'Going Circular: The EPR Guide' will take you on a journey towards circularity. This free and open-access online course will introduce you to the concept and ...
'Going Circular: The EPR Guide' will take you on a journey towards circularity. This free and open-access online course will introduce you to the concept and key elements of Extended Producer Responsibility (EPR) schemes to show how they can help eliminate pollution through packaging waste, moving towards a circular economy.
Learn how EPR schemes support waste management and incentivize eco-design. Benefit from experts around the world to understand how EPR schemes can be set up in practice, particularly in developing countries. Join us and our experts - and let's go circular! "
The World Wide Fund for Nature (WWF) is one of the largest and most experienced conservation organizations in the world and active in more than 100 countries. Around five million supporters worldwide support him. WWF's global network maintains 90 offices in more than 40 countries. Around the world, employees are currently running 1300 biodiversity conservation projects.
The most important instruments of WWF conservation work are the designation of protected areas and the sustainable, ie nature-friendly use of our natural assets. In addition, the WWF is committed to reducing pollution and wasteful consumption at the expense of nature.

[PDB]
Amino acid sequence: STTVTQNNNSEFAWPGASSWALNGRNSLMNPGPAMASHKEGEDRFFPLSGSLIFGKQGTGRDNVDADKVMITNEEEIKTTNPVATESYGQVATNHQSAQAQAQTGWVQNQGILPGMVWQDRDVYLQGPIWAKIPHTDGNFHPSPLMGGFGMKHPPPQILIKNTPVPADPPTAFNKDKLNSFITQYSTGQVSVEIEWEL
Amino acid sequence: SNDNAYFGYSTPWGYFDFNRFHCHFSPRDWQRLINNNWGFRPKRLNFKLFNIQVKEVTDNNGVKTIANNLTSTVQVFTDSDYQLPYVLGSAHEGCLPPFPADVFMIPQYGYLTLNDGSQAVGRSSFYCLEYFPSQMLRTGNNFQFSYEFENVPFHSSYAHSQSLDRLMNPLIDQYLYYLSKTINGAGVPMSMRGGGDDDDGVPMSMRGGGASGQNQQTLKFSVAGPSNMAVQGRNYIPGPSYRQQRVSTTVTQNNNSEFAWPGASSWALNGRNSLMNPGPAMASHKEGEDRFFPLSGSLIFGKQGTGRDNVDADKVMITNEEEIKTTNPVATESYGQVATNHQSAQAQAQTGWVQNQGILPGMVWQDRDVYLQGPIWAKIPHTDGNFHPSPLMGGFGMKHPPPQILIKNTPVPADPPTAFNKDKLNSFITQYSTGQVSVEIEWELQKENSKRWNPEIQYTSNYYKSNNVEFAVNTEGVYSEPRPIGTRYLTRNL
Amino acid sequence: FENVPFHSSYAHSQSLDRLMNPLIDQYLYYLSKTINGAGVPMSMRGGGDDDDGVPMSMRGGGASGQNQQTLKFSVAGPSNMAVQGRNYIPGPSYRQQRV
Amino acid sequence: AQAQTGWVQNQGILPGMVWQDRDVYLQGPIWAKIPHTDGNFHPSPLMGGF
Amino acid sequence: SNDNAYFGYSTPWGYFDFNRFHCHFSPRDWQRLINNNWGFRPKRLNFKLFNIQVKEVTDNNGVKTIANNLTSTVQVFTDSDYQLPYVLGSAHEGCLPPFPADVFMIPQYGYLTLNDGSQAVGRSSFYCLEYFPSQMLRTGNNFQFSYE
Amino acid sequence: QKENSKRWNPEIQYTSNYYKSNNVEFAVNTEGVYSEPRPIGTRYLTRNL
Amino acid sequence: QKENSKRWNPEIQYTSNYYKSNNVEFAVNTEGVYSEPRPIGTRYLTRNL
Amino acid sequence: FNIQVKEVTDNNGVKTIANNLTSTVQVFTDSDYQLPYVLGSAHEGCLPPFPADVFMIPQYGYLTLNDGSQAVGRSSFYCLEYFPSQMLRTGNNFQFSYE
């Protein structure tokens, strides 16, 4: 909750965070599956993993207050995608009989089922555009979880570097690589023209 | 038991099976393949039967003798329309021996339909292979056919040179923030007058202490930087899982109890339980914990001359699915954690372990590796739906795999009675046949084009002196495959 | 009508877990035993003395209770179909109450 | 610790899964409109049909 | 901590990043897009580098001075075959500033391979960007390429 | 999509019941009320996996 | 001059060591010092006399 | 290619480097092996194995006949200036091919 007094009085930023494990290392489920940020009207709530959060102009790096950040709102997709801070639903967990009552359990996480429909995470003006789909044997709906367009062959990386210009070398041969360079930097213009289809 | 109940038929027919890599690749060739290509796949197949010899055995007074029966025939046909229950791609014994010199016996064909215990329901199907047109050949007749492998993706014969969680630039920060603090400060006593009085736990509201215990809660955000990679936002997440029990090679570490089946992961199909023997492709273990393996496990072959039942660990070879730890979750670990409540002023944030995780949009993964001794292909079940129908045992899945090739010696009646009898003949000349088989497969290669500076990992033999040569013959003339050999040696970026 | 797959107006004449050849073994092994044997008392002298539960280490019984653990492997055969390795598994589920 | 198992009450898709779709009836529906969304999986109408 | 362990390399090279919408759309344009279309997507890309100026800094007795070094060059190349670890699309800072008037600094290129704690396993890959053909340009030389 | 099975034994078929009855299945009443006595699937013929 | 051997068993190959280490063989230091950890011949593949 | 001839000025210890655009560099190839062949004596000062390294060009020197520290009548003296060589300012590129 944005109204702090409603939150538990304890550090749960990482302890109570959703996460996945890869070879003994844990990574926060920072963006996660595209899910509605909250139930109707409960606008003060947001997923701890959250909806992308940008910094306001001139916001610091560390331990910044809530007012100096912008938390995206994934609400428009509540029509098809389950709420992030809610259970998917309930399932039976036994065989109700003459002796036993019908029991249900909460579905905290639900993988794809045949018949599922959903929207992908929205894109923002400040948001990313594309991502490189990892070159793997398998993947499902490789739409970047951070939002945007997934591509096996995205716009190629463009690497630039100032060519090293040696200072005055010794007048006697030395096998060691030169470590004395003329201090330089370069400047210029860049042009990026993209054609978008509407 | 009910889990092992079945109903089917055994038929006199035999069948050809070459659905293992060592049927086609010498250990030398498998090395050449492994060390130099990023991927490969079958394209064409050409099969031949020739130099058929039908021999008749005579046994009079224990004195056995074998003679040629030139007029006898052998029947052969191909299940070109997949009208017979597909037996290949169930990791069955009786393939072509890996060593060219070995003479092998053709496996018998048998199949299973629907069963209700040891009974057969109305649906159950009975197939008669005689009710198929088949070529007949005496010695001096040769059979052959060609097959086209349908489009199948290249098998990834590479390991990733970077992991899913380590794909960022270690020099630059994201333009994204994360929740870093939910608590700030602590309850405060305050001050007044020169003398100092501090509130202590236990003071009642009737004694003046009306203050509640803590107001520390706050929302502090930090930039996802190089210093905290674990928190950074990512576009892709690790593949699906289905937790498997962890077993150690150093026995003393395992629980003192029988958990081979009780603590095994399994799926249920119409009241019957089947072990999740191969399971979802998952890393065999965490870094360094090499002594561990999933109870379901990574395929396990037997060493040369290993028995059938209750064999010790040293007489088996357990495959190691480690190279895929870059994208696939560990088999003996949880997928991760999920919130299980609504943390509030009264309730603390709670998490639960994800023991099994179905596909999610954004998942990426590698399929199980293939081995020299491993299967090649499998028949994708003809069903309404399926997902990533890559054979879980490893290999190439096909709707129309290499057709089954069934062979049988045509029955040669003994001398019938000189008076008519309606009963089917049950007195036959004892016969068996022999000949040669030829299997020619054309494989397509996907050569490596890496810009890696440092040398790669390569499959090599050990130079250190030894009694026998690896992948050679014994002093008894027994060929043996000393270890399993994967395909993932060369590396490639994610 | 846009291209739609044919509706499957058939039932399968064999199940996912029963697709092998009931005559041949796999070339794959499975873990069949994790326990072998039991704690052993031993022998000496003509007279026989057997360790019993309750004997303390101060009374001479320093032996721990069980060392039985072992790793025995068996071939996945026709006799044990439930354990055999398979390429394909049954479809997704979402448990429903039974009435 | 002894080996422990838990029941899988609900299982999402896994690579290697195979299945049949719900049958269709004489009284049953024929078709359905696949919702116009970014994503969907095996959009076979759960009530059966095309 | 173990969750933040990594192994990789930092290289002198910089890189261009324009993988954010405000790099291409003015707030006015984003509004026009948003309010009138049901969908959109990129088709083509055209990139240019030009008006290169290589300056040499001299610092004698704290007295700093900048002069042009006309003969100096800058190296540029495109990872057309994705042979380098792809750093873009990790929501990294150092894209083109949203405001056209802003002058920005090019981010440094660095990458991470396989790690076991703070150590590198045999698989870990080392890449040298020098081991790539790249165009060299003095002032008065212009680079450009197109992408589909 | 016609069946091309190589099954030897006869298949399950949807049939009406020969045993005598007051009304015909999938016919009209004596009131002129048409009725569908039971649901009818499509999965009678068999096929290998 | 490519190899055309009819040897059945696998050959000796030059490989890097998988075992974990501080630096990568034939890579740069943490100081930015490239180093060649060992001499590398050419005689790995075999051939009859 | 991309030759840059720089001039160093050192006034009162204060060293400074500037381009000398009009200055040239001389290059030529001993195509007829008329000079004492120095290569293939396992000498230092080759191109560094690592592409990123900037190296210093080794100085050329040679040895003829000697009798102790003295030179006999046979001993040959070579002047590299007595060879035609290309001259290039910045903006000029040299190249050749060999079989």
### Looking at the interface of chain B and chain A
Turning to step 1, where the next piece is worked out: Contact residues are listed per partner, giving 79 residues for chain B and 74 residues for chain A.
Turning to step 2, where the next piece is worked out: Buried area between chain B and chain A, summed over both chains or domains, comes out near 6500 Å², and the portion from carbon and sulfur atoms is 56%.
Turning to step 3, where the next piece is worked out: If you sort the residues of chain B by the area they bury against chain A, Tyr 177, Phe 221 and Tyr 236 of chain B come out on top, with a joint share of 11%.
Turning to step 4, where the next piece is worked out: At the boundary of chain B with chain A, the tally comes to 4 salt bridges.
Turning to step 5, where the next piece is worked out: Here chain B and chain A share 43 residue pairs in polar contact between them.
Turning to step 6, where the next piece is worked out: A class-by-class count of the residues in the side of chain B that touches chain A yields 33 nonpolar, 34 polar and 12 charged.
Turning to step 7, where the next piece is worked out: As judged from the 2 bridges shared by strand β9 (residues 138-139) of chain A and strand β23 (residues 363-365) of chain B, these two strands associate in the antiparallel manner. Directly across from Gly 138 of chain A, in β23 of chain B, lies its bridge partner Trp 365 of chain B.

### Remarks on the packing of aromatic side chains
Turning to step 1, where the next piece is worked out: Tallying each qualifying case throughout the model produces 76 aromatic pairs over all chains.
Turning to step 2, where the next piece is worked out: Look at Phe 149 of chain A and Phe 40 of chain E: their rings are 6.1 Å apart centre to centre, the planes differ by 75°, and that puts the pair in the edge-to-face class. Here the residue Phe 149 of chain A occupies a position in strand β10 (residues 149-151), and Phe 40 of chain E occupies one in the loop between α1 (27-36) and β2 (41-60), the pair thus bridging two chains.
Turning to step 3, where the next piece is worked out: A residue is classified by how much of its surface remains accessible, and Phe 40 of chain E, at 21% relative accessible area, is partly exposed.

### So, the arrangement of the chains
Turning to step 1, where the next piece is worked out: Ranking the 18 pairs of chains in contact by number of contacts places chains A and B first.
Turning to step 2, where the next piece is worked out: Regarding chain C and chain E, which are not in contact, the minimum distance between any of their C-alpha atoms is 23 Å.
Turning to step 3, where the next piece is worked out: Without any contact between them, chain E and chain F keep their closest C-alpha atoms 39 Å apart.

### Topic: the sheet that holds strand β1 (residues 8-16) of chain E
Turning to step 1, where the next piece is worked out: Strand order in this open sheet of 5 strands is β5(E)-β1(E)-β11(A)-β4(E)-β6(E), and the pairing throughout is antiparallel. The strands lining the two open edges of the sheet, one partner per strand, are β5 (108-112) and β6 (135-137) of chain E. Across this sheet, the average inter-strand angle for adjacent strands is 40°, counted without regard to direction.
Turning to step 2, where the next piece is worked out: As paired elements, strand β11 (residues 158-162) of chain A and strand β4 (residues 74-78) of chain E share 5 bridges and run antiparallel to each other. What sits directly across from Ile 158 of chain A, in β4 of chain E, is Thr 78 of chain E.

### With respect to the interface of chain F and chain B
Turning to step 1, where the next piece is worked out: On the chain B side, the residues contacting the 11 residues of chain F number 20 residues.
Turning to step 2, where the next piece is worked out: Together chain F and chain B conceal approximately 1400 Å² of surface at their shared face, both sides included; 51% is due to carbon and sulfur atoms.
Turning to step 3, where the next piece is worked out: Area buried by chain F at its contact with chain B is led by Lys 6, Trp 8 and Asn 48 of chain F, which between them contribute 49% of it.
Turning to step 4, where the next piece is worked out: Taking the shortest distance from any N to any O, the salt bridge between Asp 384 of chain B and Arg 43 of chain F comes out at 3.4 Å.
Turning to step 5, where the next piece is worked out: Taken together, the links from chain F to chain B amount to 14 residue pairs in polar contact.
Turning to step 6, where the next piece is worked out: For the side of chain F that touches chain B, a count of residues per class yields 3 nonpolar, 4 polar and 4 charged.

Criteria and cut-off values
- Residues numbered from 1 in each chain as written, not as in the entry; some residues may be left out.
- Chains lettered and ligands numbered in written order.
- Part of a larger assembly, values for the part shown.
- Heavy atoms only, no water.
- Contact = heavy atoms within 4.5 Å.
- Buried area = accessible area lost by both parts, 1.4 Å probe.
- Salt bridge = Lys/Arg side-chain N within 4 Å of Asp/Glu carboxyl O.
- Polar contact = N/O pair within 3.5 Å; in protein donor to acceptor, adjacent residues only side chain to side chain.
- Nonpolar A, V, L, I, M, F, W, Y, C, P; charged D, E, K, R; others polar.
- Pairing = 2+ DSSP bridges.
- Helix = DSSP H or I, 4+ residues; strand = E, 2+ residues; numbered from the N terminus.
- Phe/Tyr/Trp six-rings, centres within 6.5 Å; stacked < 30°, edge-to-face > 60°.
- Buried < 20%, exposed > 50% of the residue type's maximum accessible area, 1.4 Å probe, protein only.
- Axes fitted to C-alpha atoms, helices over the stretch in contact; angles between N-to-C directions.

Worldwide, WWF Germany is involved in 21 international project regions for nature conservation. Priorities include the preservation of the Earth's last major forests - in the tropics and in temperate regions -, the fight against climate change, the use of living seas and the preservation of rivers and wetlands worldwide. WWF Germany also runs numerous projects and programs in Germany.
The WWF's goal is clear: if we succeed in sustainably preserving the greatest possible diversity of habitats, we can also save a large part of the world's animal and plant species - and at the same time preserve the network of life that also bears us humans.